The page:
As you read this, perhaps you are wondering, "Why is the Refuge Fire Management Officer writing about wildlife habitat projects and wildlife-oriented recreation opportunities?" Well, I have to say that I've asked myself that same question. As I thought how to answer that question, I realized there is a very simple explanation. It's really all about the critters, about their habitats, and about our (public) access to places where wildlife live. I also realized that every refuge employee and volunteer, even the firefighters, play a role in wildlife and habitat conservation "for the continuing benefit of the American people" (from the U.S. Fish and Wildlife Service - Mission).
If, in the past year, you traversed the west end of the Skilak Loop Road, you would have noticed a large created opening in the forest, about three miles off the Sterling Highway. If you drove the Skilak road last week, you might have seen workers in yellow shirts burning piles of slash near the east end of the project area. Some of you have stopped along the road and asked one of the firefighters what the refuge is trying to do there. Others have called or stopped by Refuge Headquarters to ask about the project, and to ask, "When can we get firewood?" For the rest of you, I hope I can shed some light on the Skilak Loop Habitat Project.
Going back to the beginning, you should know that this project was one of many that were proposed in the Skilak Wildlife Recreation Area Management Plan (approved in December 2006). The Skilak Plan was developed by Refuge managers to achieve one of the goals from the Refuge Comprehensive Conservation Plan (1985): manage the Skilak area "to provide enhanced opportunities for wildlife viewing".
The wildlife-oriented recreation enhancements approved in the Skilak Plan included: 7 new trails, a day use area at Bottenintnin Lake, new platforms and blinds for wildlife viewing, road waysides, and other improvements. However, the plan does not come with designated or appropriated funding, so proposed activities and improvements will happen as the necessary funds are secured. But, so far, so good. The refuge has now put its Skilak Plan to work and the first project is under way.
The habitat improvement project is the first phase of a multi-phased plan that will ultimately produce a parking area, trailhead and interpretive loop trail with viewing platforms and/or blinds, from which visitors can watch critters. The American Recovery and Reinvestment Act provided the means by which a local contractor was hired to cut the trees and chop, stack or pile the woody biomass.
The second step in Phase I is to treat or remove the generated woody materials. Refuge firefighters have already begun this step by burning some of the 200 slash piles. The remaining piles will be burned as suitable weather conditions occur. Another step in Phase I will be the removal of the large deck of aspen logs near the east end of the project area. To accomplish this step, the refuge issued a special use permit to Chugachmiut, who is scheduled to transport the logs to another site for processing as part of a biomass energy demonstration project.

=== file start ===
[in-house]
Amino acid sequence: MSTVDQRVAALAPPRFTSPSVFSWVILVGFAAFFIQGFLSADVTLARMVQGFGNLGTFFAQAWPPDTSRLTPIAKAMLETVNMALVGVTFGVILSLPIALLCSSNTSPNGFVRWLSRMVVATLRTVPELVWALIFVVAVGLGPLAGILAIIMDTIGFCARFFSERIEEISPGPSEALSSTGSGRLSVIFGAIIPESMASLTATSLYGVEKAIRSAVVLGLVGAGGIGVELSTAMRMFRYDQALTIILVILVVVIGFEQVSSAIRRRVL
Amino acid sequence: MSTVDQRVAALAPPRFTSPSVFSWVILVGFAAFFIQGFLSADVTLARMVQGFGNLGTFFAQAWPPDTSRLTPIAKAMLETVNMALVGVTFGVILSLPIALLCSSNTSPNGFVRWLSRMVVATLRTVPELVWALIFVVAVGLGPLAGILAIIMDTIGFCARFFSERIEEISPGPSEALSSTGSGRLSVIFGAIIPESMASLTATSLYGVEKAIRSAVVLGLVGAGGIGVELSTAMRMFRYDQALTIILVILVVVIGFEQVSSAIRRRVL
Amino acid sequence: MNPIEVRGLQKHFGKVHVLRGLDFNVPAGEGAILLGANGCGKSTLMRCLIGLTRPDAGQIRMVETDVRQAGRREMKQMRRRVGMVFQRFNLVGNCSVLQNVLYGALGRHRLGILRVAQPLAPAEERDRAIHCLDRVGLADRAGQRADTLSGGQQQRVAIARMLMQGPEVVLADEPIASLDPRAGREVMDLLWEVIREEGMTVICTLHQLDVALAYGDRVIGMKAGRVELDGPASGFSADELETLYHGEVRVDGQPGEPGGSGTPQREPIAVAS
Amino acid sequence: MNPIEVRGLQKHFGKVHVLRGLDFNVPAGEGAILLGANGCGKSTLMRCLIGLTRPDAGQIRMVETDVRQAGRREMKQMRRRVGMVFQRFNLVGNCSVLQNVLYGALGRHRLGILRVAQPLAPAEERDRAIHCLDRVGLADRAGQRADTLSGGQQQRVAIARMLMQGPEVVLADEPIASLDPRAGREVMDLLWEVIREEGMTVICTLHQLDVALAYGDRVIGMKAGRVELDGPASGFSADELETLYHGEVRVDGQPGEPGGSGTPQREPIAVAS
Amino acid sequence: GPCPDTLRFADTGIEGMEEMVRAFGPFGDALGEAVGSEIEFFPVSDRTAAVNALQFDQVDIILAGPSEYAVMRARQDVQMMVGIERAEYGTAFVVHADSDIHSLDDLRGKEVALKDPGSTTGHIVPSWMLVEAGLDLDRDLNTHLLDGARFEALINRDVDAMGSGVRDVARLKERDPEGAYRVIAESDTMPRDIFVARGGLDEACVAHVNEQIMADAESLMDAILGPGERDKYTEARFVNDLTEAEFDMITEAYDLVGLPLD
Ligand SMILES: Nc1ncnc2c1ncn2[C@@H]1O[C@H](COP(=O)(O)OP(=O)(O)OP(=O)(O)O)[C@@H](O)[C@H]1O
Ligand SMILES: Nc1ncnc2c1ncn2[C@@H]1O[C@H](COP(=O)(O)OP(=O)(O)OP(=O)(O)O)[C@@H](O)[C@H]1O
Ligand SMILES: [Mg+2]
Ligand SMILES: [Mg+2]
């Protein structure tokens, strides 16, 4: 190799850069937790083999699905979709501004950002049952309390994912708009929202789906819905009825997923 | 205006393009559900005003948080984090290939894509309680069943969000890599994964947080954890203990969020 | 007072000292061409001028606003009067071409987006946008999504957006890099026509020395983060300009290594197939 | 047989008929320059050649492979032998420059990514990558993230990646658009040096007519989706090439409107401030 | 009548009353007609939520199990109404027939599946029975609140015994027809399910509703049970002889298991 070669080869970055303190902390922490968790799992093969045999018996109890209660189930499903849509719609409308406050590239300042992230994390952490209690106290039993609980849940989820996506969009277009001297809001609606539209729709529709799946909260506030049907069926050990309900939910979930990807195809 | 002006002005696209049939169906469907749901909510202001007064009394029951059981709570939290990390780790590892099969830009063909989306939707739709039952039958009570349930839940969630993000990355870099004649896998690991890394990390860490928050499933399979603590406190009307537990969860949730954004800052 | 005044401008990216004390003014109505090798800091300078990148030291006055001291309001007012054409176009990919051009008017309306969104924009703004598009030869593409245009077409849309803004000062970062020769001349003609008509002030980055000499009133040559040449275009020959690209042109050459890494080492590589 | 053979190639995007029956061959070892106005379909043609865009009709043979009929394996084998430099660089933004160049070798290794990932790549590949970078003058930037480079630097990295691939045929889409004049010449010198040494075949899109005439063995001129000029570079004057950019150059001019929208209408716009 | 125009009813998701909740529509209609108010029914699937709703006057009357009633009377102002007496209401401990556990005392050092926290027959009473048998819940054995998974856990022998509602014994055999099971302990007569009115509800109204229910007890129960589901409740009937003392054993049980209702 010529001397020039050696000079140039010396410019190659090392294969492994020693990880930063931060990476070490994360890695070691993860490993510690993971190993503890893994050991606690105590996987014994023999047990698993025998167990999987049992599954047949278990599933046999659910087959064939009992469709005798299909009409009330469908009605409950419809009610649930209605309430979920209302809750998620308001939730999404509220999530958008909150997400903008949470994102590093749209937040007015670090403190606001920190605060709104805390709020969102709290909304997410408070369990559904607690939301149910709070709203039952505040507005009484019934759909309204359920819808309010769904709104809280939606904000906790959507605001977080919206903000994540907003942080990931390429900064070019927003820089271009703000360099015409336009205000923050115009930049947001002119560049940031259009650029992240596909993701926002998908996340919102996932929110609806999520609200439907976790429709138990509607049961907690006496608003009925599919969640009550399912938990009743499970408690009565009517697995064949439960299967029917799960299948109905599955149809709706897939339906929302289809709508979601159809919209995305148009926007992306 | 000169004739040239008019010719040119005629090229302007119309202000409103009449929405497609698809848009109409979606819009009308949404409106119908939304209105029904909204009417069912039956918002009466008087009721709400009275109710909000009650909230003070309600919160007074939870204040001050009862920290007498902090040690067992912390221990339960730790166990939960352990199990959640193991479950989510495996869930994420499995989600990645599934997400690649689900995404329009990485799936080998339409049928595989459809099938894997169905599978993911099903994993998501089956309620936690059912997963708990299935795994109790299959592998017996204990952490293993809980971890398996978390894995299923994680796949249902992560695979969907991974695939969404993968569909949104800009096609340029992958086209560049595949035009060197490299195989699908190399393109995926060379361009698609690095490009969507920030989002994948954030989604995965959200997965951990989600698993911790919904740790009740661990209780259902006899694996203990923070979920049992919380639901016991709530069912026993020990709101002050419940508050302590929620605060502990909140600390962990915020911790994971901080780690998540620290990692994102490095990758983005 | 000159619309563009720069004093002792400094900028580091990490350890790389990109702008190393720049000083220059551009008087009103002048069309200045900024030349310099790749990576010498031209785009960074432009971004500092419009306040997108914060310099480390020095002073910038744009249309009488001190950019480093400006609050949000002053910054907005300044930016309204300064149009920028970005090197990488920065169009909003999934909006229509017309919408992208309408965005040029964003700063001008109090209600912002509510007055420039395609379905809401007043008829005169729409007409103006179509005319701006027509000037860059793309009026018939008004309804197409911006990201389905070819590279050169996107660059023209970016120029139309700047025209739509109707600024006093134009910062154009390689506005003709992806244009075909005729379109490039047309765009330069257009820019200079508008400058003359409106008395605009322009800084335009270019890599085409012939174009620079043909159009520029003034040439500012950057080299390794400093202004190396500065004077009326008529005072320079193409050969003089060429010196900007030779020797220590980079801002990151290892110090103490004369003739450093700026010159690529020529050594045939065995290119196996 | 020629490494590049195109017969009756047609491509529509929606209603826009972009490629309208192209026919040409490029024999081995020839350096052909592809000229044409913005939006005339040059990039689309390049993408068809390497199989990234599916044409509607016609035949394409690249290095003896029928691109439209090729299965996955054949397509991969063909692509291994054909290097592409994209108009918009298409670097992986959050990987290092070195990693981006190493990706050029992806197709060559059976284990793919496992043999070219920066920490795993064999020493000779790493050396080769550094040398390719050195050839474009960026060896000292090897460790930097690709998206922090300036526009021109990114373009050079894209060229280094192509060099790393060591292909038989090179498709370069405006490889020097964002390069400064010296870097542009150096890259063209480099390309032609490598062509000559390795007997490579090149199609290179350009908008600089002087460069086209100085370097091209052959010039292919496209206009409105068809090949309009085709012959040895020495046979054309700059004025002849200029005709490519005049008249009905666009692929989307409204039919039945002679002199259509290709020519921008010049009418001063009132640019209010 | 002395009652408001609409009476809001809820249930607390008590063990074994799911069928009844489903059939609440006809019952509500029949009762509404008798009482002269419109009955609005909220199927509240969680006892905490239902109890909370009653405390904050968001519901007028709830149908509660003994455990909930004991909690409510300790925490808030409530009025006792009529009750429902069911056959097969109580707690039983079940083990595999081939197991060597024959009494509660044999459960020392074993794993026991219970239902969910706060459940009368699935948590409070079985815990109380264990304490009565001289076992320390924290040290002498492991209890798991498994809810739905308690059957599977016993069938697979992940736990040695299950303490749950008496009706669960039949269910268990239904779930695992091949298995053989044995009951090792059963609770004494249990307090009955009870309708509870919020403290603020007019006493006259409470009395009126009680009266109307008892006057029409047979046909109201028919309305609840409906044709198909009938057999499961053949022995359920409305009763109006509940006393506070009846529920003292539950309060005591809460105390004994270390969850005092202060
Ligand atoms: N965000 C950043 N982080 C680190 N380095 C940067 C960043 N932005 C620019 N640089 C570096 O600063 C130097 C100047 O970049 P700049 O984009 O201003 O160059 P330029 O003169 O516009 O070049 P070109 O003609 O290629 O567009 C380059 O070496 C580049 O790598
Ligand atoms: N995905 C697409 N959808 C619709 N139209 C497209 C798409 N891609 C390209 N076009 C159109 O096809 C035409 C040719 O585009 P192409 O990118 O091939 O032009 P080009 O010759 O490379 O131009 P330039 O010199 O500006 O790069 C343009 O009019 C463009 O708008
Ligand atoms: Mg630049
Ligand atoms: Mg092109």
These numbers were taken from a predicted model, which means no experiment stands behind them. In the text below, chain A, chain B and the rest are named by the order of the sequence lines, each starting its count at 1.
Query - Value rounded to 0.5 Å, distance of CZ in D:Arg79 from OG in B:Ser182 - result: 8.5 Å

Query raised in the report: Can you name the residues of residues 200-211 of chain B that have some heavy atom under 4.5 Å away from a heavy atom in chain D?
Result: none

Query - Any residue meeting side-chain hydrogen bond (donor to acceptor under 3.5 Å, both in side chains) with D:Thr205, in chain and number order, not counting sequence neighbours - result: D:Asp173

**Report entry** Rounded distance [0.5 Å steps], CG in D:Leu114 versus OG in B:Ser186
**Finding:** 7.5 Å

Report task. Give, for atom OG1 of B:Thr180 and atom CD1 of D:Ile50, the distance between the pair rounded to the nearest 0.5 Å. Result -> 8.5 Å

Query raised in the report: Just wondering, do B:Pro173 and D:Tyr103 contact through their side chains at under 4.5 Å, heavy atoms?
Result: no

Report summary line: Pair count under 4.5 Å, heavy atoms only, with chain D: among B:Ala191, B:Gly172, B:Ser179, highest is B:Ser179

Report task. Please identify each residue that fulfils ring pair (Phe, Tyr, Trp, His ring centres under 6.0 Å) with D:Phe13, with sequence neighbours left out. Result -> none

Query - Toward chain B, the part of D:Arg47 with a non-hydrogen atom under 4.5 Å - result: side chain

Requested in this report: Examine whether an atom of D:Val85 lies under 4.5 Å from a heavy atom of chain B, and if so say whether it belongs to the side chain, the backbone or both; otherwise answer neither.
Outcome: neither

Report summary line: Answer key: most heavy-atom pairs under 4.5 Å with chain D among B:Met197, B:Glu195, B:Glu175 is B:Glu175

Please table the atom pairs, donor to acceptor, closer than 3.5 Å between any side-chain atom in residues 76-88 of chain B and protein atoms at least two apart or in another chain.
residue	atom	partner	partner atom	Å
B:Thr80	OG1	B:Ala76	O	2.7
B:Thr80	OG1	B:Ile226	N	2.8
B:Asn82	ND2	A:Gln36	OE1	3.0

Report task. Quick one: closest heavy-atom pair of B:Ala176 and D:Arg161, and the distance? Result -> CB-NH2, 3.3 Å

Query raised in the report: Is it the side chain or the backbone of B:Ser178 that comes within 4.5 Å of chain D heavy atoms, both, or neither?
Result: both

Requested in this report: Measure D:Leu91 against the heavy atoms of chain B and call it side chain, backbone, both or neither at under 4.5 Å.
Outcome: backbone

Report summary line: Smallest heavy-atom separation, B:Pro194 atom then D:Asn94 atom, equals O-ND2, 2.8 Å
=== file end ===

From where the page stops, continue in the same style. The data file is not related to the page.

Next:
The third step in this phase is where you, the public, can help. As soon as the large aspen deck is removed, the refuge will begin issuing firewood permits, on a first-come, first-served basis, until all the remaining usable firewood in the designated permit area is removed or the area is closed due to snow or ice. We are anticipating that firewood permits will become available about the first of October.
Next summer, if all goes according to plan, the refuge will complete Phase I by burning the small blocks or units that were hydro-axed or cut and chopped. The goal of these varied treatments is a new mixed forest that will attract wildlife, especially those critters that prefer early seral vegetation. The expected benefits of this project include more opportunities for refuge visitors to: hike a trail, view and photograph wildlife, participate in environmental education activities, and experience nature.
There is also an expected fire management benefit -- a reduction of hazard fuels, especially on the west end of the project where before treatment, dense black spruce dominated the forest. Another benefit is the firewood that will hopefully warm some cold toes this winter. And those of you who will collect the wood can then say that you too played a role in conserving wildlife and habitat on the Kenai National Wildlife Refuge. Thanks!
Doug Newbould is the Fire Management Officer for the Kenai National Wildlife Refuge.
He has lived on the Kenai Peninsula since 1991 and worked at the Refuge since 1997.
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Previous Refuge Notebook articles can be viewed on the refuge website http://kenai.fws.gov/. You can check on new bird arrivals or report your bird sighting on the Kenai National Wildlife Refuge Birding Hotline 907-262-2300.
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